Higher Temperature Gradient in Quality Assurance MeasurementWe therefore increase the gradient to 30 K: and recalculate the calibration routine: We obtain a quotient of 4.56 K and are thus already significantly closer to the minimally recommended temperature gradient for a heat-flow-meter system.
Verification of the Theory with a Practical ExampleIn order to substantiate the theory of adjusting the calibration to the actual heat flow, we look at a series of measurements on different vacuum insulation panels. First, figure 1 presents the results from a screening test on different thicknesses with the following parameters:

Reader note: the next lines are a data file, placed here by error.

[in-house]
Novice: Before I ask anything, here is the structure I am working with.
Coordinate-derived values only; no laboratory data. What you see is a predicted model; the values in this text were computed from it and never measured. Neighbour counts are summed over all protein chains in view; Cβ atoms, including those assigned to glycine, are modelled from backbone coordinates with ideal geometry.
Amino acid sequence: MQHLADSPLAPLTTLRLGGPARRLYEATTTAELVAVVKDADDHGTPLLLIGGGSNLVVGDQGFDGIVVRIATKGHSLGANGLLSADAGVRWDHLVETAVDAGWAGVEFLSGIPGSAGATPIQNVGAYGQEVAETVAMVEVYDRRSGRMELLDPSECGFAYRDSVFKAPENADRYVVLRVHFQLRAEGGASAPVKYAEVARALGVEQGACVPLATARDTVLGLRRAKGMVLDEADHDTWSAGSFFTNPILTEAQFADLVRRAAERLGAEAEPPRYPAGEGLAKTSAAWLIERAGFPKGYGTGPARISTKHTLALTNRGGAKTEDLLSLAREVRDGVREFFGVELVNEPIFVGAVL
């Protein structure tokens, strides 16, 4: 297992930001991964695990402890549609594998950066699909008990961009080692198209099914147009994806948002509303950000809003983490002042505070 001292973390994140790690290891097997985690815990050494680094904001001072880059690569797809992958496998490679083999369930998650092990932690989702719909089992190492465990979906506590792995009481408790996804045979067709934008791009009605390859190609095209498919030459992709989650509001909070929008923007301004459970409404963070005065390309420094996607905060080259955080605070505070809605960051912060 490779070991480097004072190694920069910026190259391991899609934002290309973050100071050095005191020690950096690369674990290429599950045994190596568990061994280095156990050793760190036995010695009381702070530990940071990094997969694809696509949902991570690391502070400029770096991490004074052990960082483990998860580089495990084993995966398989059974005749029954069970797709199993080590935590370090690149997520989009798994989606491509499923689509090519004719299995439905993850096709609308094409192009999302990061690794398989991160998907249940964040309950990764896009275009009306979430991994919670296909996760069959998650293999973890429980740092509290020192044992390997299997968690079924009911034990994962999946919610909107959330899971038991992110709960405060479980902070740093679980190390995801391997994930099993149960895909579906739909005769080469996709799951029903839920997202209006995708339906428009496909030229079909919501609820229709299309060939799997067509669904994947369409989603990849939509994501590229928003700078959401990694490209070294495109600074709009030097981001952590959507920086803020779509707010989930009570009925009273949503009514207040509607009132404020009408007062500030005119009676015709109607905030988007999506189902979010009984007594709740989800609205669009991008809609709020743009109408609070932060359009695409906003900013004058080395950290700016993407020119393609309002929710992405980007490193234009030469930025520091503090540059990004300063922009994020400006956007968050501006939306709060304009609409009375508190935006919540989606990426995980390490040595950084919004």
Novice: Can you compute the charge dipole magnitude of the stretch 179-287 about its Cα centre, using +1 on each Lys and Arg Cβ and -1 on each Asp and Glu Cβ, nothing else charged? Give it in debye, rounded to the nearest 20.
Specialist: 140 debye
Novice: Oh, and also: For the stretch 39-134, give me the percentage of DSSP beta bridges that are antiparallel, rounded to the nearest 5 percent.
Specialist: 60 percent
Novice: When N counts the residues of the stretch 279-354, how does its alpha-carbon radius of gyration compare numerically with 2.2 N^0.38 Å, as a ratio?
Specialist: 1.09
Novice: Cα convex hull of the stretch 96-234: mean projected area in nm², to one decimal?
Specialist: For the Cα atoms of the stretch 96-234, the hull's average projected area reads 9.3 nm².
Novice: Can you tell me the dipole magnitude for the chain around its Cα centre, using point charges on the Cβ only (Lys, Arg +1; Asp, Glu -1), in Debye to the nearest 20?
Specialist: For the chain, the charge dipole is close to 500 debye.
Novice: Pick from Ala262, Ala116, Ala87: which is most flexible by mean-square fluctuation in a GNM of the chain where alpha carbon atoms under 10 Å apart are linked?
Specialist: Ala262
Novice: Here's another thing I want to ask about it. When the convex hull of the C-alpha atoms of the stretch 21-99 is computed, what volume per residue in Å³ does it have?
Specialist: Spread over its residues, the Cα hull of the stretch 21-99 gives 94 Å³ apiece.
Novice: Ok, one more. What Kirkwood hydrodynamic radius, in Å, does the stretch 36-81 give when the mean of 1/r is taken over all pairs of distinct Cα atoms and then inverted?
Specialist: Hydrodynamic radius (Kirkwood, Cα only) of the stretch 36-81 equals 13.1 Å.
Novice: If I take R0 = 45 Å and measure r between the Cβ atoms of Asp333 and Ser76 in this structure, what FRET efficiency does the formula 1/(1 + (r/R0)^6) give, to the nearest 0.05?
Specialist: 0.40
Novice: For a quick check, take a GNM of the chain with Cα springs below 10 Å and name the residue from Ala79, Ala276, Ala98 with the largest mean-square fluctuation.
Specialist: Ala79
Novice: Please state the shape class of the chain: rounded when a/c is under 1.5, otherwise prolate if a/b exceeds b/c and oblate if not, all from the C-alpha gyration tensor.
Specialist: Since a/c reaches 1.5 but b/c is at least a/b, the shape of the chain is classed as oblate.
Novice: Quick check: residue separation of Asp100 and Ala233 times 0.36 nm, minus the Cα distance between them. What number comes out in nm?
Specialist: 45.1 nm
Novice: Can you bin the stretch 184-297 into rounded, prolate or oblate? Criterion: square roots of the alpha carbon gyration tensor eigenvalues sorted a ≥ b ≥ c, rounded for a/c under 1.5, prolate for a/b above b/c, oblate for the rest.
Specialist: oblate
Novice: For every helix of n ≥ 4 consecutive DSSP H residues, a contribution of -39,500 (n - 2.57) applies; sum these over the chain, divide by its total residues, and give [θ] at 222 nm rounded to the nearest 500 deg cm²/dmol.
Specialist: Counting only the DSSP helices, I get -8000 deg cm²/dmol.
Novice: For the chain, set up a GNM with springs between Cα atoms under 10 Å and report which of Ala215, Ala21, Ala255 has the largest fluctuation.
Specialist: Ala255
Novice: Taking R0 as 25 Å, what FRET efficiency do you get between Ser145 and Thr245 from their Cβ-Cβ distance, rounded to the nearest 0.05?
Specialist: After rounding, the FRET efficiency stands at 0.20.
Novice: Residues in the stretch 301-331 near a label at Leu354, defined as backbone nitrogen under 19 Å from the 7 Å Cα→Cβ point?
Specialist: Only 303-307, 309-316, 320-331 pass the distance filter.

- Mean measurement temperature: 14°C
- Temperature gradient: 20 K
- Defined pressure: 17 kPa
- Calibration: calibration with standard reference material 1450D,
- Gradient: 20 K
- 7.50 W/m²
- 5.00 W/m²
- 3.75 W/m²
- 1. 6 K
- 2. 4 K
- 3. 3 K
- Mean measurement temperature: 14°C
- Defined pressure: 17 kPa
- Temperature gradient:
- for 10-mm samples: 20 K
- for 20-mm samples: 30 K
- for 25-mm samples: 40 K
- for 35-mm samples: 40 K
- for 45-mm samples: 40 K
- Calibration: Underlying calibrations as appropriate for the current heat flow in the three classes mentioned above